In other words, it’s OK to get heavier as the weights get heavier. A little more surface area is a good thing! You’ll increase your muscle mass, and subsequently, your strength. Worry about cutting away any extra fat you gained once you’ve got more muscle to work with.
I’m not going to tell you what to eat; that part is up to you. But I’m not necessarily giving you permission to batter-dip your body on the way to a deadlift PR, either. If you do, your chin-up numbers will let you know when things have gotten out of hand! As you can probably see, these numbers aren’t anything to call the Olympic Committee about. They simply allow a lifter to hold his or her own in the weight room, build some foundational musculature and a solid physique, and be able to set the stage for whatever they want to do next. If you want the science behind it, well, there isn’t any. It’s just what has worked for me as a trainer, and for my clients.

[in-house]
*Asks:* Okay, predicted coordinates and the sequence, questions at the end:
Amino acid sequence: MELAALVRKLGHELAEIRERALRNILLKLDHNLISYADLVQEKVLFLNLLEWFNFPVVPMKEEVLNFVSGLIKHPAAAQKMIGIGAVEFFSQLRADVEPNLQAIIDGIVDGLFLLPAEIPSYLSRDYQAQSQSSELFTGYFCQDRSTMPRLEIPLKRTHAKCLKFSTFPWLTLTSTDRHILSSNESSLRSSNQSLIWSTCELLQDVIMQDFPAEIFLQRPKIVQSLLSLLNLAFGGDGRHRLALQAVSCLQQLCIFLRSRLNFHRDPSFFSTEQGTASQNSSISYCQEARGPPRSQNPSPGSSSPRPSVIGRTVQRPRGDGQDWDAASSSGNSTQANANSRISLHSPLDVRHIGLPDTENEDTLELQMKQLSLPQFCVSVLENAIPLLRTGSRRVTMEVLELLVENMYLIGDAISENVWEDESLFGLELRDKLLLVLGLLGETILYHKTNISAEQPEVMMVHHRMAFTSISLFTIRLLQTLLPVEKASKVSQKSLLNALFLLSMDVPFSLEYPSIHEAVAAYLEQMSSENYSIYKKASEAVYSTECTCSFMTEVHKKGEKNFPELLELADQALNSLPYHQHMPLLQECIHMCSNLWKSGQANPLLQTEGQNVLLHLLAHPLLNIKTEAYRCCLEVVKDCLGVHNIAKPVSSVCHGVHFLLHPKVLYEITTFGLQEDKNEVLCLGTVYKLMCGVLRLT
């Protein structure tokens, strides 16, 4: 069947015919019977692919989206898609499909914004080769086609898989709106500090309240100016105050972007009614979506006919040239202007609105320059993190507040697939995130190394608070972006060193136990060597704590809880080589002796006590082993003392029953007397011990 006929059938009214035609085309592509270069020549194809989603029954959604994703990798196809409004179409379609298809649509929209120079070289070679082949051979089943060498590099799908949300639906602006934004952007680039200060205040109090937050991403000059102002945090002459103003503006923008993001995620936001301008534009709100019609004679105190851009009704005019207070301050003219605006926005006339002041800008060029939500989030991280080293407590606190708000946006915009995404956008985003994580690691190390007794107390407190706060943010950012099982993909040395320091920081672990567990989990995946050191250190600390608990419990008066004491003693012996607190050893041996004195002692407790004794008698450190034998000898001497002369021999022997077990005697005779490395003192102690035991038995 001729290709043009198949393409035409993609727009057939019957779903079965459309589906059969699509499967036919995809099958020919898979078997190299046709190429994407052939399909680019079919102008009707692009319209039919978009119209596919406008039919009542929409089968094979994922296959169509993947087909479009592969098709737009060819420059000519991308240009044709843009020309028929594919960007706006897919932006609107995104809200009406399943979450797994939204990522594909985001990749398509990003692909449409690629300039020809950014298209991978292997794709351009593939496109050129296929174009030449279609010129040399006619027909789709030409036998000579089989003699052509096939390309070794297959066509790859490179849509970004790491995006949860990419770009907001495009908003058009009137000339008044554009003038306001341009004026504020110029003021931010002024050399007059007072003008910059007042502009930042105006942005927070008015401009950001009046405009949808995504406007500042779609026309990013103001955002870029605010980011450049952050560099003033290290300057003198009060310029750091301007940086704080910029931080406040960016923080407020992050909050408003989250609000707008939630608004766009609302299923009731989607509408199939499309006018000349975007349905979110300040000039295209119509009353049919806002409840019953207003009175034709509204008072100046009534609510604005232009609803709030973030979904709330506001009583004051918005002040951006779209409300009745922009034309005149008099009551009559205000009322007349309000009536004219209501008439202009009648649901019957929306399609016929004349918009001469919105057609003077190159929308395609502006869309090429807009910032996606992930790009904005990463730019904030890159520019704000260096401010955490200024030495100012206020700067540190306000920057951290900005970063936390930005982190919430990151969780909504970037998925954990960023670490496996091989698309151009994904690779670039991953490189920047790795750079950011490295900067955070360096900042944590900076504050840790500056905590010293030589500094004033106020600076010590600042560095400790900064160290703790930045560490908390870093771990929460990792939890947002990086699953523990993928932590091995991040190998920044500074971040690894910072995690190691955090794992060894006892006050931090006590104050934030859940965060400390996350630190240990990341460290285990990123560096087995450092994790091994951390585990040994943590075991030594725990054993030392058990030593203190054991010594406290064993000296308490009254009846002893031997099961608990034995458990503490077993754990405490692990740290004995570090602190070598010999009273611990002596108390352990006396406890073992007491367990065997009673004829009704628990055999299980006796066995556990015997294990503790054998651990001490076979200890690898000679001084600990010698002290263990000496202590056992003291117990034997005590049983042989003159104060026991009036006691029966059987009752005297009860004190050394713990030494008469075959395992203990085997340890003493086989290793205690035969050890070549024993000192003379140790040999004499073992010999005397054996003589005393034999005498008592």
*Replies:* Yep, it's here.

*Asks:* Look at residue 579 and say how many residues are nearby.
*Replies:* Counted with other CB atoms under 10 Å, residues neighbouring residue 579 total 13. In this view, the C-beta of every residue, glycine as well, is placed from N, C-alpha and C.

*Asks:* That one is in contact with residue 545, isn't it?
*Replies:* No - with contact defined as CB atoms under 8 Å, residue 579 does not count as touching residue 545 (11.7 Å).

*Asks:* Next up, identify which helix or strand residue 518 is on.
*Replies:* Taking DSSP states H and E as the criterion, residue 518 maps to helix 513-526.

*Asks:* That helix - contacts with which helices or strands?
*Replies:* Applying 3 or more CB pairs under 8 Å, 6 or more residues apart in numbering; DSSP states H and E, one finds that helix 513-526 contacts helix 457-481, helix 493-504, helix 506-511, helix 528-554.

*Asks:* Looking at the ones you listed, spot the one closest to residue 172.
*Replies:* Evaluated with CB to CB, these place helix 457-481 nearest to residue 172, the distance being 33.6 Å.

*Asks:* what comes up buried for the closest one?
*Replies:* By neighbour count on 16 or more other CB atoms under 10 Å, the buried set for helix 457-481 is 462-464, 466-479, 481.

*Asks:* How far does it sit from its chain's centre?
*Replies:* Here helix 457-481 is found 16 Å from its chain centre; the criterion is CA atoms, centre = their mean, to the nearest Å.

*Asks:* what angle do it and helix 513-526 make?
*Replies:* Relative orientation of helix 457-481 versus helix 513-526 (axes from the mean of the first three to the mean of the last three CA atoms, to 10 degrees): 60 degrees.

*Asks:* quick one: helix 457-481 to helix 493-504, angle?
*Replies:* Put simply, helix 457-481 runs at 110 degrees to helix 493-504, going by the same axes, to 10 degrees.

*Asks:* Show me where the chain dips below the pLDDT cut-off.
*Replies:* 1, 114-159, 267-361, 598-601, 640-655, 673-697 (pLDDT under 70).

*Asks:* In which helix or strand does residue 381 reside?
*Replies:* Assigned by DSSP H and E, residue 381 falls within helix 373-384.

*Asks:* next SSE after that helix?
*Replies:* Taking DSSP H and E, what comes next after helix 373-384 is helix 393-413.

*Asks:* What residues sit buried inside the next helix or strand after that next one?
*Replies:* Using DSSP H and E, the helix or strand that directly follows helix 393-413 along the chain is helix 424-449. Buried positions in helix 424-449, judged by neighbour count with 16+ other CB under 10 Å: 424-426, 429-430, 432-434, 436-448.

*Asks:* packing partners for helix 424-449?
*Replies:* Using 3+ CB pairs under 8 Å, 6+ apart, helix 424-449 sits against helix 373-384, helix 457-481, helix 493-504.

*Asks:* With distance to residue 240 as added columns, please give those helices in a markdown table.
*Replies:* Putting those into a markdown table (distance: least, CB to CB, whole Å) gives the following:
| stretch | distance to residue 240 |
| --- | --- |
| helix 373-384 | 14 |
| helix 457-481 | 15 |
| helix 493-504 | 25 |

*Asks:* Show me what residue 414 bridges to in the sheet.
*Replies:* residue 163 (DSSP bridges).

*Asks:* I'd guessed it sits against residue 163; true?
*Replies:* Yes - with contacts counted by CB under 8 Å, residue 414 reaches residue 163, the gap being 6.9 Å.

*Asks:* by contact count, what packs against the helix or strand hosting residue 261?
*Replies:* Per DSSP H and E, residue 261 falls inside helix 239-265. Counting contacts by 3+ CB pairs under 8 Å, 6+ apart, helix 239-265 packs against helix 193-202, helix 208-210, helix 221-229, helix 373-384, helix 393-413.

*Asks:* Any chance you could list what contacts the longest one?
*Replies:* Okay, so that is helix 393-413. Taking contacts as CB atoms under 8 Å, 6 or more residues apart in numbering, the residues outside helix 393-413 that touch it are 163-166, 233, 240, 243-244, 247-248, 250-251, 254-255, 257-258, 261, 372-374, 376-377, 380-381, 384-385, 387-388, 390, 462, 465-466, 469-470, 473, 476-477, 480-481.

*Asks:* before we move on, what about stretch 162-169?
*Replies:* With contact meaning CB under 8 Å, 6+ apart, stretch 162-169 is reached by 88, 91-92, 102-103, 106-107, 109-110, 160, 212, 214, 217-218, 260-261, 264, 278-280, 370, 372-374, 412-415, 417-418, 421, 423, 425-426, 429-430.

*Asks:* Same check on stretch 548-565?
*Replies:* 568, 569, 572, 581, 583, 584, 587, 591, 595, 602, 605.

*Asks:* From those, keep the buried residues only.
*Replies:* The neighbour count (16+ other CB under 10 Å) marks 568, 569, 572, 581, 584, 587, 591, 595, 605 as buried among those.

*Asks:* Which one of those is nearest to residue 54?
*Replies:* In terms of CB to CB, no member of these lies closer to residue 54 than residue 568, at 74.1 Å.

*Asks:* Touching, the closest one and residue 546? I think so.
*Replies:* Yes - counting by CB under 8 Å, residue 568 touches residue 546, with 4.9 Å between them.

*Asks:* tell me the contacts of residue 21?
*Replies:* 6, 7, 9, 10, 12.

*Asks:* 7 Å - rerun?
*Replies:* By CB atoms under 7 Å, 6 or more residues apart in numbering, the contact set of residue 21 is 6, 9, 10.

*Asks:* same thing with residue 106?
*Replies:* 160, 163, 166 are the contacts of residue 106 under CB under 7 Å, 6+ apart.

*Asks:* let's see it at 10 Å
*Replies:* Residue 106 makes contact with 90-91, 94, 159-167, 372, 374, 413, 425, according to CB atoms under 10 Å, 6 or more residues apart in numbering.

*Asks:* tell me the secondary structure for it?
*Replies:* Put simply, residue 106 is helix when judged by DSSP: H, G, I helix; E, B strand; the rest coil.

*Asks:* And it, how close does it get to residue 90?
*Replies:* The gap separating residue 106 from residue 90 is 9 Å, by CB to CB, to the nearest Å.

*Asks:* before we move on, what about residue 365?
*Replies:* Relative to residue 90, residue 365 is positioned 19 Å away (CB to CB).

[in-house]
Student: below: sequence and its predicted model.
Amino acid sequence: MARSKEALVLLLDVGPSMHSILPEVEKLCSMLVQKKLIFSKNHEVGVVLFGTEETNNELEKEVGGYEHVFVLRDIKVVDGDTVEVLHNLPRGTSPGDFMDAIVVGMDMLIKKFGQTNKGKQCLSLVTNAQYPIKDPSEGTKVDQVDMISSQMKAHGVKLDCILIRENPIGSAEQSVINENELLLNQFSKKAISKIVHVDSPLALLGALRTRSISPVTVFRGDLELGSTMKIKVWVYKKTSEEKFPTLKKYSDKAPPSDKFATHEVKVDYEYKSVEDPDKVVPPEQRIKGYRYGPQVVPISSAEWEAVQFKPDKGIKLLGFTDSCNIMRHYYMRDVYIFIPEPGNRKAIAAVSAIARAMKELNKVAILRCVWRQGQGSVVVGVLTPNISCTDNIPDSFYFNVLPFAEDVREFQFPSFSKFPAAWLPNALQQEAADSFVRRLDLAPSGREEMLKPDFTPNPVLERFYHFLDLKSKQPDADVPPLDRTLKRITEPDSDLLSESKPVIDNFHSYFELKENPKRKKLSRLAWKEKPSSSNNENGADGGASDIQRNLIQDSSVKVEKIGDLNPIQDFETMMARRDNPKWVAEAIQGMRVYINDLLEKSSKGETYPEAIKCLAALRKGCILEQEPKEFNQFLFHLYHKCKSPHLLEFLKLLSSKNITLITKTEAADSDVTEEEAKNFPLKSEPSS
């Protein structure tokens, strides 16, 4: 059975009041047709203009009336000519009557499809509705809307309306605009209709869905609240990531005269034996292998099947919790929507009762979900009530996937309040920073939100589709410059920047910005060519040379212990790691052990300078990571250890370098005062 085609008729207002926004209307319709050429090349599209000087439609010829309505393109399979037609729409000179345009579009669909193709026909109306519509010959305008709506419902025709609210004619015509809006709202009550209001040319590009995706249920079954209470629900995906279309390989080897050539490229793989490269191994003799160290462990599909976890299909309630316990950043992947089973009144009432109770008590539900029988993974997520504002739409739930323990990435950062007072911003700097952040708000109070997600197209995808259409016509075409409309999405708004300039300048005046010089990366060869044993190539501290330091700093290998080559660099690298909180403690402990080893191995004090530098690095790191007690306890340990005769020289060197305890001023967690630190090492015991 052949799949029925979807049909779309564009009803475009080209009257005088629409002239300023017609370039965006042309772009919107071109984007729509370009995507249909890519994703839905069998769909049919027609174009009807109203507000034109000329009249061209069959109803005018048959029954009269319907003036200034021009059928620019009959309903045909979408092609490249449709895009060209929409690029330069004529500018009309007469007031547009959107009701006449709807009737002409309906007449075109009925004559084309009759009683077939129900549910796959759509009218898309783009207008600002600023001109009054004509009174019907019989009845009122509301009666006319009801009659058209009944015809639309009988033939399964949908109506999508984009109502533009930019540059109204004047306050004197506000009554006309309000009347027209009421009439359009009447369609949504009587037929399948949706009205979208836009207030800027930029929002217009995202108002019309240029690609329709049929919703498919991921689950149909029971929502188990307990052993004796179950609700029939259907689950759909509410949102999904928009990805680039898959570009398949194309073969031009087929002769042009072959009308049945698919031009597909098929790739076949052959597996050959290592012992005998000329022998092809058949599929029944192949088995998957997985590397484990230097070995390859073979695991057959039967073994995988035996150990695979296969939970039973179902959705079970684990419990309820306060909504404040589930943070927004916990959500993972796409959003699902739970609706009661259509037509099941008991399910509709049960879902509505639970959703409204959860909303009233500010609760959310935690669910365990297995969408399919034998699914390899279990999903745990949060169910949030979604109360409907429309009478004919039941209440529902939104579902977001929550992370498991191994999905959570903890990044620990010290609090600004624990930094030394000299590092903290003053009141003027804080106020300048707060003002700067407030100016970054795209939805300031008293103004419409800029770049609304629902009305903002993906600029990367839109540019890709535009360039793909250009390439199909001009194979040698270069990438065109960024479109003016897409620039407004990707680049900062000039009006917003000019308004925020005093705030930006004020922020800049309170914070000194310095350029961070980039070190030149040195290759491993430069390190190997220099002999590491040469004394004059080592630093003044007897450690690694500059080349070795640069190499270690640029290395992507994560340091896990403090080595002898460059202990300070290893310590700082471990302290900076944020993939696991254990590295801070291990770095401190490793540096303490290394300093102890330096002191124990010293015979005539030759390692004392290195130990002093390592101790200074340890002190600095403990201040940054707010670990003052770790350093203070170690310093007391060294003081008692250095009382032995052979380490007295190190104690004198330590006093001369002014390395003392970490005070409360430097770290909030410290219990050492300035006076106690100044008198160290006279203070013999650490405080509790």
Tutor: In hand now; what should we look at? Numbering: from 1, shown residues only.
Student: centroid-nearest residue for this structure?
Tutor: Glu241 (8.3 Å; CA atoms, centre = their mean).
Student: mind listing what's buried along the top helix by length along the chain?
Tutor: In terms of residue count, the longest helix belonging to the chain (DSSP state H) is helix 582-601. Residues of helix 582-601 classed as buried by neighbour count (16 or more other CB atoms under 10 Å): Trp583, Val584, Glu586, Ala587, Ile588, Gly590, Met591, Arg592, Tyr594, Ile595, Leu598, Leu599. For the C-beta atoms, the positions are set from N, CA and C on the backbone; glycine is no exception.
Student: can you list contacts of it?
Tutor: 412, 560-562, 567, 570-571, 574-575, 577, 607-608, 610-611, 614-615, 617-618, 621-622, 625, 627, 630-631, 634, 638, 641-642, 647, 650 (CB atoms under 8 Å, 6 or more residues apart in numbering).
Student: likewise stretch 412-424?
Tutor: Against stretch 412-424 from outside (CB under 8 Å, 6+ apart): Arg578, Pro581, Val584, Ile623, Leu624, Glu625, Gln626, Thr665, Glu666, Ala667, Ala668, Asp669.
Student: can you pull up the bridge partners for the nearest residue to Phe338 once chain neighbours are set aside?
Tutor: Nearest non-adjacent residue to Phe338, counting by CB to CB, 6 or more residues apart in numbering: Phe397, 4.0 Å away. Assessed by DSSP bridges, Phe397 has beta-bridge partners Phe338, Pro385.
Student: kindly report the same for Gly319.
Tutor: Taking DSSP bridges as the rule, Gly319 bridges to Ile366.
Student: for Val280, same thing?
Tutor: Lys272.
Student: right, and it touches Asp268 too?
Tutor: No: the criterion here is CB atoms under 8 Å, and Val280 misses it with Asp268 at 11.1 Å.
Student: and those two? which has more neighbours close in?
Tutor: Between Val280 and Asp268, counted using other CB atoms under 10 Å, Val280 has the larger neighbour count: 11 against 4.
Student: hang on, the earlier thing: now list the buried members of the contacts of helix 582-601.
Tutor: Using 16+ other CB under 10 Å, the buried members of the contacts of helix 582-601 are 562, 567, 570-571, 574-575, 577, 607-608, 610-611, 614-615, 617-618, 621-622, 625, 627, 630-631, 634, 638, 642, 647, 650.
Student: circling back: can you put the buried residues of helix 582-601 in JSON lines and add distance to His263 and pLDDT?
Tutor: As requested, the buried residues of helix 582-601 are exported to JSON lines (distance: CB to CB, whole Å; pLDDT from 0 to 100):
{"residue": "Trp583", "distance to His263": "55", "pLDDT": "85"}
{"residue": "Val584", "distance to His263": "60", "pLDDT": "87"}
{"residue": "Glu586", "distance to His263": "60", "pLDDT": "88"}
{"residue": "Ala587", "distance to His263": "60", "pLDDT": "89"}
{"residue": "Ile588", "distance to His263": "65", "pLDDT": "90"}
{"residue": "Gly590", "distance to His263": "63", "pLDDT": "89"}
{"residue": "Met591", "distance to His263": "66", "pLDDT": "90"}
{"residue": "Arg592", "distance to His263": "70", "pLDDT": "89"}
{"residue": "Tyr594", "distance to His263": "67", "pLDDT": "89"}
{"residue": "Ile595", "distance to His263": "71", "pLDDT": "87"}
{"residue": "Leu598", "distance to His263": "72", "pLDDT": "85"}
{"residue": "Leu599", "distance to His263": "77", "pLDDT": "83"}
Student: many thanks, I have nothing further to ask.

So, what will it take for you to get there? Here are my top rules, learned in the trenches, to ensure you’re doing what you should to get your strength up—and just as important, not get in your own way. If you’re not doing any of these, you should start, right now.